just-style authors and correspondents
Mike Flanagan is CEO of Clothesource Limited, which provides apparel buyers and sellers throughout the world with the hard data they need to understand their competitiveness. Clothesource, with the world's largest collection of intelligence on clothing price comparisons, supplier capabilities and national resources, provides both buyers and sellers with advice and training on improving sourcing and selling skills.
Mike began his career in the advertising industry in the UK and Italy, before moving into retailing. Before setting up Clothesource, he held a number of senior international buying, marketing and operations posts in the retail divisions of groups such as Associated British Foods, British Petroleum and US Shoe.
Columns by Mike Flanagan
A forthright take on the follies the world’s apparel buying community has to deal with, from Mike Flanagan, CEO of Clothesource – and his suggestions for putting them right.
Articles by Mike Flanagan
Mike Flanagan spent the first six months of 2016 campaigning to stay in the EU. Not once, he writes, did I hear my opponents – or anyone in Britain's new, Brexit-friendly government – say they wanted to reject global integration or repudiate over 30 years of globalisation.
In late June and early July, Bangladesh's garment industry was hit by a number of new long-term threats. But the industry's leaders appear unaware of the real severity these threats posed to their viability, writes Mike Flanagan.
As the UK government prepares the ground for new post-Brexit free trade deals, Mike Flanagan will, over the coming months, be evaluating their potential impact on the garment industry. Here he begins by looking at the first proposed deals with Canada, Australia and New Zealand.
The apparel industry must accept Brexit is going to happen – and start planning now in order to try to minimise the damage, writes Mike Flanagan, in his latest assessment of the UK's vote to turn its back on the European Union (EU).
The UK yesterday (23 June) voted in favour of ‘Brexit,’ a decision that means the country will leave the European Union (EU) – well, soon. Mike Flanagan believes British apparel brands and retailers stand to gain a lot from post-Brexit trade negotiations, but only if they sharpen up their acts.
There's no doubt China faces a number of challenges, ranging from slowing economic growth to growing retail competition and – in March at least – a massive drop in year-on-year exports to the US. Continuing to expect the Chinese to rise to the challenge, Mike Flanagan takes a closer look at why nowhere else is ready to exploit the opportunities.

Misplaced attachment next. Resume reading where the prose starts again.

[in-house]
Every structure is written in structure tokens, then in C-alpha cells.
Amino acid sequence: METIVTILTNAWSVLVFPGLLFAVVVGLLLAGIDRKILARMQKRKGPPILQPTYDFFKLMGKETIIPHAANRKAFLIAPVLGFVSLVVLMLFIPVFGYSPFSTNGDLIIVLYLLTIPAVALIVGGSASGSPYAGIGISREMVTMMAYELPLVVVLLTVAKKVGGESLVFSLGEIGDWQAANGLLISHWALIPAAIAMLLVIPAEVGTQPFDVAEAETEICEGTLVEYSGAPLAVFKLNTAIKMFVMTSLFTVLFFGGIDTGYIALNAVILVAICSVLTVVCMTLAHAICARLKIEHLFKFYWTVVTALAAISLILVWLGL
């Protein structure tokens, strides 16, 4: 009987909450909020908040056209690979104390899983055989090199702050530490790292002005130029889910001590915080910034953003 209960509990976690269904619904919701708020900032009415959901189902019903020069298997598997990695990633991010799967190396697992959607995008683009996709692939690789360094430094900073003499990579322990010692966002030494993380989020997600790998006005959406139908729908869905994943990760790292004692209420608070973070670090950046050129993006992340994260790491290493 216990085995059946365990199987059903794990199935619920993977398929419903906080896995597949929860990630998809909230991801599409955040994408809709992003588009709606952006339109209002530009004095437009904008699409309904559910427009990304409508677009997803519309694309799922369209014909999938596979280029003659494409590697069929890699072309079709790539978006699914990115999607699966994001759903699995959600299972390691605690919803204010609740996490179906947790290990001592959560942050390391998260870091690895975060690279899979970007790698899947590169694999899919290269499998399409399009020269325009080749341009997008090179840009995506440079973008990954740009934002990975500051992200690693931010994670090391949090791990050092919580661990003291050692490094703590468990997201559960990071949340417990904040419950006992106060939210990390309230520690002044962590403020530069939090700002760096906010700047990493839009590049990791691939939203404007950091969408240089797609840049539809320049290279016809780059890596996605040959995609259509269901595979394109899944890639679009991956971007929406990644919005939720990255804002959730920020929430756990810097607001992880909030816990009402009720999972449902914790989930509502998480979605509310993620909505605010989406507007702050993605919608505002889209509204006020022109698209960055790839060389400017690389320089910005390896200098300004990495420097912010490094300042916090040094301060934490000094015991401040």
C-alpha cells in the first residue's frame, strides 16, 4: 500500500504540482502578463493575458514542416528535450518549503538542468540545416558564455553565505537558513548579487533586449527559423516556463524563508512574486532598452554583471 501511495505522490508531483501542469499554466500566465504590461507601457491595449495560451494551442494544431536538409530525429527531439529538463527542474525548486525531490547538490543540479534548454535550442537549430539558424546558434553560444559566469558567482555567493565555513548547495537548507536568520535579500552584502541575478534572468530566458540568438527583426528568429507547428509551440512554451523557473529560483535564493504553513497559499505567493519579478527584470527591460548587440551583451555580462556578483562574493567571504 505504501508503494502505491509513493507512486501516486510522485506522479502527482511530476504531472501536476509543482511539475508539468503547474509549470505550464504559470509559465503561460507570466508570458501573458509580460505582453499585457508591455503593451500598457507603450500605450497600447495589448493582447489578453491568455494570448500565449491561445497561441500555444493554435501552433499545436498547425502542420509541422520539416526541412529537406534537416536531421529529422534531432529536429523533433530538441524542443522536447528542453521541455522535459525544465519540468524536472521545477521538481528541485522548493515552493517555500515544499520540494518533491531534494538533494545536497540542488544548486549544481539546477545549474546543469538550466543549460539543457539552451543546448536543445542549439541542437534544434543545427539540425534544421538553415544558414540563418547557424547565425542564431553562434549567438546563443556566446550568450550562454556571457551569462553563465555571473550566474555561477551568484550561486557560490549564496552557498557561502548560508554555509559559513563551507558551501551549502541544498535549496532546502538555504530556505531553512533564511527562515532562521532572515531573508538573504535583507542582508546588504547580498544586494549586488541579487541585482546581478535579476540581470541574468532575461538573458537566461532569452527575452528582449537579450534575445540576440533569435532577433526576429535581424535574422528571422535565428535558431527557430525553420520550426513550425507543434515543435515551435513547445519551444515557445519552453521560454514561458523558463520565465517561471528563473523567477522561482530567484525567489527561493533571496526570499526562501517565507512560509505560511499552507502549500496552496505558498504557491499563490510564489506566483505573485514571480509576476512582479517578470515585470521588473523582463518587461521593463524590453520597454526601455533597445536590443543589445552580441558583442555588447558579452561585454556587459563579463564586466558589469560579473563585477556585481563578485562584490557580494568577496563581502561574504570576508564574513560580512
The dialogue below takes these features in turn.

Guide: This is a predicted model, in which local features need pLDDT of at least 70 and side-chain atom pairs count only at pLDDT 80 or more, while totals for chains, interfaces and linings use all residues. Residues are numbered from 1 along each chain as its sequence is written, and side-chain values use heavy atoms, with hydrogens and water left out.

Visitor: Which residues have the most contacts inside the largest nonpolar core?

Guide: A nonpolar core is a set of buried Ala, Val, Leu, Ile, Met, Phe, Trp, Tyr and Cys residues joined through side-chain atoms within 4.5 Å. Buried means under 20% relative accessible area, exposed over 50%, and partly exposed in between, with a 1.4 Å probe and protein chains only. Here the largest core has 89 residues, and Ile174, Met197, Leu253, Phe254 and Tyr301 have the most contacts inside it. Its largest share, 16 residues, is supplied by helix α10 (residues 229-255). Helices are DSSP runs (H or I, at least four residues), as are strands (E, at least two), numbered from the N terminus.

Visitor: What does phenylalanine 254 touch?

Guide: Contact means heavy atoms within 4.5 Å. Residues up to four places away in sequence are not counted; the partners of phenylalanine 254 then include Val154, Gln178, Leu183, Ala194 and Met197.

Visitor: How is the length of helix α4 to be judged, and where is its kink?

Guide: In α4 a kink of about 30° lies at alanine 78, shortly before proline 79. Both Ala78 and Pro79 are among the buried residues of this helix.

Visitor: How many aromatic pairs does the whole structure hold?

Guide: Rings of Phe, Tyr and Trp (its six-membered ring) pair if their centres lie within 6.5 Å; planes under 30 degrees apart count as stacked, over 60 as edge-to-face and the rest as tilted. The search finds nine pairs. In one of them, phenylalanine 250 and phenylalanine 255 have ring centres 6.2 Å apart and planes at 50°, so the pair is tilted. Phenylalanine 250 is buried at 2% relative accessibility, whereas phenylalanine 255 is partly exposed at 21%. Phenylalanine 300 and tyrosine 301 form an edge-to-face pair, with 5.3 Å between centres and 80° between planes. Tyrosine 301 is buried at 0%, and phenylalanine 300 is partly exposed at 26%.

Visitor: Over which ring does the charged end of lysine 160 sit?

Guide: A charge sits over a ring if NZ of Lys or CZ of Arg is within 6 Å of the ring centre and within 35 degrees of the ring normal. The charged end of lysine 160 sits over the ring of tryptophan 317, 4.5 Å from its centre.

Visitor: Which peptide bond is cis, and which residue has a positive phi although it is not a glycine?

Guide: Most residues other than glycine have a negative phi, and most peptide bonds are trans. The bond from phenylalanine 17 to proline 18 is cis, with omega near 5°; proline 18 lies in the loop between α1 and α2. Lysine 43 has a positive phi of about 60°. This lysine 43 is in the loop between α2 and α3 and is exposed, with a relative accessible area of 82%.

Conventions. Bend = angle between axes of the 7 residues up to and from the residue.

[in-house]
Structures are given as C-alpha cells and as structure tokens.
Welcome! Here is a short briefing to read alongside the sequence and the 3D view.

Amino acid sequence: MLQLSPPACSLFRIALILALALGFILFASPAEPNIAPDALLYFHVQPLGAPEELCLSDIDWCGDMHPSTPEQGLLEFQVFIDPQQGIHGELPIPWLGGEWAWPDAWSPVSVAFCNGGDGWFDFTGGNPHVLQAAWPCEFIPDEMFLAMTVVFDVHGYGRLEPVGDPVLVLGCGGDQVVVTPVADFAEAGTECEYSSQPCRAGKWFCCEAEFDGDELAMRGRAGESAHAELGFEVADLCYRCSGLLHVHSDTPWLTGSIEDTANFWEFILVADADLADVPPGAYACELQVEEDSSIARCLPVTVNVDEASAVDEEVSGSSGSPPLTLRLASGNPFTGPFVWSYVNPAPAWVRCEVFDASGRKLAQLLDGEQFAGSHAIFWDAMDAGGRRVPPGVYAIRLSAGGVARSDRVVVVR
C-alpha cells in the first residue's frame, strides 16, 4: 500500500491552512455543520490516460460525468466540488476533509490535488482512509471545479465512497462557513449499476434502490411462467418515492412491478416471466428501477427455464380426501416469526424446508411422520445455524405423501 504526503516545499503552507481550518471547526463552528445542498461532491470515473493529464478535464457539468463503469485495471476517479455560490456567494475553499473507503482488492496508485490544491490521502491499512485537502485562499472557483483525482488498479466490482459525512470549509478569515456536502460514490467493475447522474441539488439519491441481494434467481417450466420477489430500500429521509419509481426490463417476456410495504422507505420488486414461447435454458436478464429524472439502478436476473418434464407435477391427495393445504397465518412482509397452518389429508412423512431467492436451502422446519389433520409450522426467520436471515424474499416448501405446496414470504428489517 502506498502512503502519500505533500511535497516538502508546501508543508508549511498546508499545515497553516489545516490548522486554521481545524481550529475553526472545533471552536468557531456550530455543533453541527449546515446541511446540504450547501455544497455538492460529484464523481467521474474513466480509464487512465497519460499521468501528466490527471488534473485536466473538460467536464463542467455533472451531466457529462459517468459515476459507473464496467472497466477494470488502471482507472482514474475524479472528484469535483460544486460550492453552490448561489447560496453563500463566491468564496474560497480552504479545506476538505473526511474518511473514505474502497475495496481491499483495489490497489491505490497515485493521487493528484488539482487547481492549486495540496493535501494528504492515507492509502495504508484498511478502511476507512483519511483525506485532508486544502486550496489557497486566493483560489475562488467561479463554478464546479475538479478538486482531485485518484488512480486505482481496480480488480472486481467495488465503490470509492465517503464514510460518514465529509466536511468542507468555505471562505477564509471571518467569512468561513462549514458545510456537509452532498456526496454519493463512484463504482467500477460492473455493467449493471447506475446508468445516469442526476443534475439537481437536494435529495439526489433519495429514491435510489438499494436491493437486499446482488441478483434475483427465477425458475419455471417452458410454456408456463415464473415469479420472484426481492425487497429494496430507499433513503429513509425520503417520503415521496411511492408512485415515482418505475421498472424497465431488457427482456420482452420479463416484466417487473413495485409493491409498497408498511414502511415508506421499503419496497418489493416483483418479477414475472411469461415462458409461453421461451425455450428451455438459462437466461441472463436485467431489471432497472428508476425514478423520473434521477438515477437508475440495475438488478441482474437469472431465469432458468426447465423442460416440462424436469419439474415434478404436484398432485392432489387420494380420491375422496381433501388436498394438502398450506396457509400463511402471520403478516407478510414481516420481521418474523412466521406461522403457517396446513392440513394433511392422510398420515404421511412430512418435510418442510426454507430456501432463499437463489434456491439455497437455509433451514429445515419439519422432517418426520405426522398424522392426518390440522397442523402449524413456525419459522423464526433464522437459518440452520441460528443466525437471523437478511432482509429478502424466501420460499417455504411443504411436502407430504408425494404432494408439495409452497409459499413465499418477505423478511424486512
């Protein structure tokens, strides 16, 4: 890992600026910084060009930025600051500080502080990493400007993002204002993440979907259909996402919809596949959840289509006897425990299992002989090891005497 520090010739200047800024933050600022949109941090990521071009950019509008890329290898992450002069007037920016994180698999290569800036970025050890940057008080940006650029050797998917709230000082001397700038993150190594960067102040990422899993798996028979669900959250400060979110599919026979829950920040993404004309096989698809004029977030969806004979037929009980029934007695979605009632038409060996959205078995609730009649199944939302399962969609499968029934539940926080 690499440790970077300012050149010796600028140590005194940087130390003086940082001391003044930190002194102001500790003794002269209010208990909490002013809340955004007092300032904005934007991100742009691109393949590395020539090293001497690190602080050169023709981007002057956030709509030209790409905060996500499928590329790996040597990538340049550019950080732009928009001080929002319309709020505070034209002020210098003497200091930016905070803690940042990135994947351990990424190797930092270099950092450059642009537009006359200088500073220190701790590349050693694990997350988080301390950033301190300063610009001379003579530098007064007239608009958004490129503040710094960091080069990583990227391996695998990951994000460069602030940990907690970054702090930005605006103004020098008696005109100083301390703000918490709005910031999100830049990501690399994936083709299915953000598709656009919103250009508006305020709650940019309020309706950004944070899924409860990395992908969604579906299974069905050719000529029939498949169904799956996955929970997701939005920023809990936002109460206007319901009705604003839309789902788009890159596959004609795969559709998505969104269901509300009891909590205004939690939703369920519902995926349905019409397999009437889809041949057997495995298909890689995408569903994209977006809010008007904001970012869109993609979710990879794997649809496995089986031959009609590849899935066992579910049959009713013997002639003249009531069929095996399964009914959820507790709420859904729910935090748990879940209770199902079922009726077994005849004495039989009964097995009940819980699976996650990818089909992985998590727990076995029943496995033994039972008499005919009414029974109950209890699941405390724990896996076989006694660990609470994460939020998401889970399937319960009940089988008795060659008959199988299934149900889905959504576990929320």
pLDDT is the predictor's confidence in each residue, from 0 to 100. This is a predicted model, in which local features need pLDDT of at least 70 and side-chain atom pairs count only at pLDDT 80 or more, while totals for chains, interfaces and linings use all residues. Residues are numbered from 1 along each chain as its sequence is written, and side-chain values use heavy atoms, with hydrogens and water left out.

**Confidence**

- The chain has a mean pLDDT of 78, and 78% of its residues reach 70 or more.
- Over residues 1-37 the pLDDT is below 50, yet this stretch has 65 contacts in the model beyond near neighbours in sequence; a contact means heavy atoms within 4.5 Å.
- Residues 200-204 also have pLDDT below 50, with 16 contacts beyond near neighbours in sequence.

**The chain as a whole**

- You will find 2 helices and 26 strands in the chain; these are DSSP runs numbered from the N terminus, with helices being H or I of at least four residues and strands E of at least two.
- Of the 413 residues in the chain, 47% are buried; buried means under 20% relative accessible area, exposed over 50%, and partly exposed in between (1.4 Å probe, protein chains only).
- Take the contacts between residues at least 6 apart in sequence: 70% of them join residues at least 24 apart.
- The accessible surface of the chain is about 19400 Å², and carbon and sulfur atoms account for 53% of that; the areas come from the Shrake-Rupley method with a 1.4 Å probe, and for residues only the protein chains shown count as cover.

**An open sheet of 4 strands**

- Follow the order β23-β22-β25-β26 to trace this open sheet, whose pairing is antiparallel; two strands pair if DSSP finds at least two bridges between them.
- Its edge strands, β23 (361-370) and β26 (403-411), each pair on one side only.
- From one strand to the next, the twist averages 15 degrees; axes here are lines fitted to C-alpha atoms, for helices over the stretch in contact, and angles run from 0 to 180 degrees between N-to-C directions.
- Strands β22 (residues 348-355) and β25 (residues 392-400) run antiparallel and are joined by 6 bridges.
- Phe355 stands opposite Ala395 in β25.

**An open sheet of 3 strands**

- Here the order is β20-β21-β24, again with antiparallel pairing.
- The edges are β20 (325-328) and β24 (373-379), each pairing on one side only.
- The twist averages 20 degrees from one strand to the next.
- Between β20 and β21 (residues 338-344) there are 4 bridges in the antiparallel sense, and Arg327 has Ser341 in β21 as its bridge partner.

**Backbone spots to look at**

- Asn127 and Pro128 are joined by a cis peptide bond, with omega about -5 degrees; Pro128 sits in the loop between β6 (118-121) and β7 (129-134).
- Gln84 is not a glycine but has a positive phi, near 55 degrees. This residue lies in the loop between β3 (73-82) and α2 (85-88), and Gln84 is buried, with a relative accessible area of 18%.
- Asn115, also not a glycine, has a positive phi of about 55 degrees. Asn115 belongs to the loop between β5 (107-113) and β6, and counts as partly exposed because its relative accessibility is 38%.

Slowing economic growth and growing competition are hitting the profits of Chinese retailers, while the country's clothing exports to the US dropped 39% year-on-year in March. Mike Flanagan takes a closer look at what this might mean for the apparel industry.
Despite years of denial, British garment-making showed serious signs of a revival in the second half of 2015. Mike Flanagan takes a closer look, and asks: Is the long-anticipated UK onshoring boom finally coming into sight?
The British will vote on 23 June whether to stay in the EU or not. By early March, opinion polls showed voters split about 50/50, with about a third still unsure. So far, neither side has been straightforward about the effects of leaving (known as a "Brexit") or staying. Here's how Mike Flanagan sees Brexit supporters' arguments affecting Britain's apparel industry.
In a Rant published on just-style earlier this month, Mike Flanagan stressed the importance of finding new sources of retail efficiency rather than worrying about rising prices. He now asks whether Primark has identified where apparel retailers should be looking – or whether US commentators are right when they claim the business is fundamentally flawed?
- Supply chain takeaways from Sourcing at MAGIC
- Cotton supply chain transparency an ongoing issue
- No simple way to be sustainable, says SAC CEO
- Why voters don’t want more global supply chains
- Denim and athleisure top picks for back-to-school
- Li & Fung eyes supply chain speed in 3-year plan
- Zara USA faces US$5m deceptive pricing lawsuit
- EU clothing imports from China continue to plunge
- EU relaxes origin rules on Jordan clothing exports
- US Q2 in brief - Sears, Burlington, Tilly's
- Too Many Standards
- Southeast Asia strategic sourcing review – a focus on Cambodia, Vietnam and Myanmar
- Under Armour, Inc. (UA) - Financial and Strategic SWOT Analysis Review
- Myanmar's Garment Sector in 2015 - now with updated members' directory
- Central America strategic sourcing review - a focus on Guatemala, El Salvador and Honduras